Being an entrepreneur can mean a lot of different things to different people. However I believe there are some terms that all entrepreneurs can identify with:
Did you notice that none of them have anything to do with money? I have had countless conversations with entrepreneurs about their startups, and honestly I can’t recall a single one that talked about money. It was always the “why” and “how.” Entrepreneurs tend not to create things that solve problems for money, money is simply the byproduct of building something of value that benefits human kind.
Although money is not the driving force for most entrepreneurs, it is certainly on their mind. Money is a tool. They use it to build and scale their businesses. They also use it to provide for their families, giving them a lifestyle they never had, allowing them to experience life through a variety of opportunities. (For related reading, see: Entrepreneurs Make Money: Why, How, Where and When.)
Most entrepreneurs understand that money is simply an idea. They don’t want the money for the sake of having money, but for what the money does. They respect this idea and are not afraid to pursue their passions using money to make things happen!
I recently conducted a focus group with company founders. One of the things I learned is they all agree that personal financial planning is important, but when they are pulled in so many directions already, it is tough to add one more thing to the plate. However, they all said they wish they would have started planning sooner.
Based upon my experience working with entrepreneurs, here are three personal financial tips entrepreneurs can start using right away:
What does this have to do with money you may ask? Well, everything! If you are of the belief that money is an idea and tool, then you will agree that we need it to do the things we want to do in life. But if we don’t define those things, how can we plan for them financially?
No two people will ever have exactly the same hopes, dreams and goals for the future, yet we all can benefit from thinking about them. It really is taking a look at who you are and what you want out of life. It is a very personal process. It is a lifelong process, thus what you want today will almost certainly change in the future. (For related reading, see: Setting Financial Goals for Your Future.)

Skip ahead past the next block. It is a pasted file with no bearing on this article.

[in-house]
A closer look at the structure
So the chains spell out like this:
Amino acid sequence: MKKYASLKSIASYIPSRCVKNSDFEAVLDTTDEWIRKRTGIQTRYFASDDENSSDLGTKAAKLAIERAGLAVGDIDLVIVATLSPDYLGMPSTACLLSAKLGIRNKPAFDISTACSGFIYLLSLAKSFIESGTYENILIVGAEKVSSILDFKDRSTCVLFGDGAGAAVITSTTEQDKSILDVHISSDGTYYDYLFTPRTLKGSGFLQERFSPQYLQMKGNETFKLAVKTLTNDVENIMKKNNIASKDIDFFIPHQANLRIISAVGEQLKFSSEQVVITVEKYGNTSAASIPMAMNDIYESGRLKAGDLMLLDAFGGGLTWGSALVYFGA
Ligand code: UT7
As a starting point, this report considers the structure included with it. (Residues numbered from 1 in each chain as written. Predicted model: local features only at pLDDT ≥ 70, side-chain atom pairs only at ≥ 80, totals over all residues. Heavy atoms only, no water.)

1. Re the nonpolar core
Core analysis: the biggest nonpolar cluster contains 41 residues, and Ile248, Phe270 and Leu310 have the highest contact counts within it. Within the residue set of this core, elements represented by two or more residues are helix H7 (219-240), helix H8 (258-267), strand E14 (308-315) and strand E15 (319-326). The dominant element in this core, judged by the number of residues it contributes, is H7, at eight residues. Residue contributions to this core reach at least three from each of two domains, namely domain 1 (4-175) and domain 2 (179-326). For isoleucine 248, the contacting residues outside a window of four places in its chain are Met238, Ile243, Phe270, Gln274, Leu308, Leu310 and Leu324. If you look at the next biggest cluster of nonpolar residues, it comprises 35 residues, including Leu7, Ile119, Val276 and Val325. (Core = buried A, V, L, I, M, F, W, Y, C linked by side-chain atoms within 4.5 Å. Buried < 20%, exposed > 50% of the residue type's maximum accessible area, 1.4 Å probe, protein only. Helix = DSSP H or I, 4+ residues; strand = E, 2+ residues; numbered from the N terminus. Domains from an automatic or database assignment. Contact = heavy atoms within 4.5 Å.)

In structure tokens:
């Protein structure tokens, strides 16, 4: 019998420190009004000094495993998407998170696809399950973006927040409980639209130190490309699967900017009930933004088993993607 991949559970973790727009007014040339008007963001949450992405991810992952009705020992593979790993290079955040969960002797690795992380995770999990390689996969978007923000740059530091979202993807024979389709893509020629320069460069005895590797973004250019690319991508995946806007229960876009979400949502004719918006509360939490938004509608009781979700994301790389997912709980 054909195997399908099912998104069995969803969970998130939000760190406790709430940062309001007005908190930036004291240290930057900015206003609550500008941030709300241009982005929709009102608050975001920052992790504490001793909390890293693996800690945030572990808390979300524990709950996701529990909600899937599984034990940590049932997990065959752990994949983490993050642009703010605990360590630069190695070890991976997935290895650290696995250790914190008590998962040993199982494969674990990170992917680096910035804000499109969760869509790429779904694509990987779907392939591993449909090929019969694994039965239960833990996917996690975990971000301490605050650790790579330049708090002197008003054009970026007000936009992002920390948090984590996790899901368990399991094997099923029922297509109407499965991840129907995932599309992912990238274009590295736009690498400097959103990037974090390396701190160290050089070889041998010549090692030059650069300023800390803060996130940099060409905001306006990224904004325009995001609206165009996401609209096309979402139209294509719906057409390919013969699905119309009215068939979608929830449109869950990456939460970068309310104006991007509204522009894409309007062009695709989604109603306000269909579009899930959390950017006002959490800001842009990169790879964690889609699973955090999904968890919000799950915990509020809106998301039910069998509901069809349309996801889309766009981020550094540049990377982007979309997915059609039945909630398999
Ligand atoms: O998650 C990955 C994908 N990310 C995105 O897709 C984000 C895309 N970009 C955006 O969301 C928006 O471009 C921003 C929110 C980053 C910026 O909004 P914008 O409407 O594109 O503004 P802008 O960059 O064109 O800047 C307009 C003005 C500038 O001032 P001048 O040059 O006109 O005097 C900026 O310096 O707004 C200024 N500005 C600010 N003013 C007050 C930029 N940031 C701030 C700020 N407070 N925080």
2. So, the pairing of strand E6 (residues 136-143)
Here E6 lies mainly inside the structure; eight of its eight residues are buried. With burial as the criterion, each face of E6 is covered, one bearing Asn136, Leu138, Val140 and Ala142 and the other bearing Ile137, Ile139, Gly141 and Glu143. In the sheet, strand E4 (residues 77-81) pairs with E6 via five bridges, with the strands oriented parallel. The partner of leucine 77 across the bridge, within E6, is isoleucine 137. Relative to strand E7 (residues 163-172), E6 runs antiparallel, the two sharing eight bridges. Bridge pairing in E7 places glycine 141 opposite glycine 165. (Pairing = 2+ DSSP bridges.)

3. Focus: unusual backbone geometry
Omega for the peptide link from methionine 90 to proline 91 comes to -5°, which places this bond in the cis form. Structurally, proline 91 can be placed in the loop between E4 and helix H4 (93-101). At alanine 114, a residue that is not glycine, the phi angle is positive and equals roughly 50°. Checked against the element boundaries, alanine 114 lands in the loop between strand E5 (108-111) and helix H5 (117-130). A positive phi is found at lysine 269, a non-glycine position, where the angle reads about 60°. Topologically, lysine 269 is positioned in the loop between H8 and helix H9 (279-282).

Whether you are just starting your company or you are on the brink of a liquidity event, knowing your cash flow is crucial.
For those who are in the early stages of their company, you need to know your personal financial needs to map out how much money you will need to live and how long your current savings will last. If you are bringing on investors they will have no problem using some of their money to pay you a salary, but if you don’t know what you need, then how can you determine the right amount to pay yourself while still investing in your business?
If you are about to sell your company, your cash flow is just as important. You are transitioning from earning a paycheck to receiving a lump sum. You may never earn a regular paycheck again. Having a strong grip on your cash flow will help you determine how to invest your windfall and what lifestyle you can expect to enjoy post exit. (For more from this author, see: Sudden Wealth: How to Handle a Cash Influx.)
A commonality I have noticed among entrepreneurs, is that they make it a point to educate themselves before implementing a strategy.
So how do you educate yourself about your personal financial situation in a way that gives you insight about your relationship with money and what strategies make the most sense for you given your hopes, dreams and goals for the future?
First, figure out what you want, regardless of money.
This is where doing some initial research online or with some books is a good place to start. Get comfortable with the basic financial concepts and strategies so you can start to formulate your plan. This is where you may want to consider speaking with a financial professional.
Part of your education process is to vet financial professionals before you ever reach out to them. Check out their website. Does it tell you who they are, who they serve and how they do it? Are their fees transparent? Also check them out on independent government websites like FINRA or SEC Investment Advisor Search.
If they pass muster on these fronts, then consider reaching out to them. Set up a meeting to interview them. Remember, if you don’t get along with them it won’t matter how smart or qualified they are, you have to connect with them on a human level to build trust. Without trust, nothing else matters. (For related reading, see: How to Find a Financial Advisor/Planner.)
If you have taken the time to identify your future wants and desires, it actually brings clarity and energy to your life. You will have focus. You won’t feel overwhelmed or distracted by your finances, but empowered because you now have identified what you want, and more importantly, how to get there. This is liberating and also allows you to put more of your time and energy into doing the things you need to do to get what you want.
This article was originally published at Investopedia.com.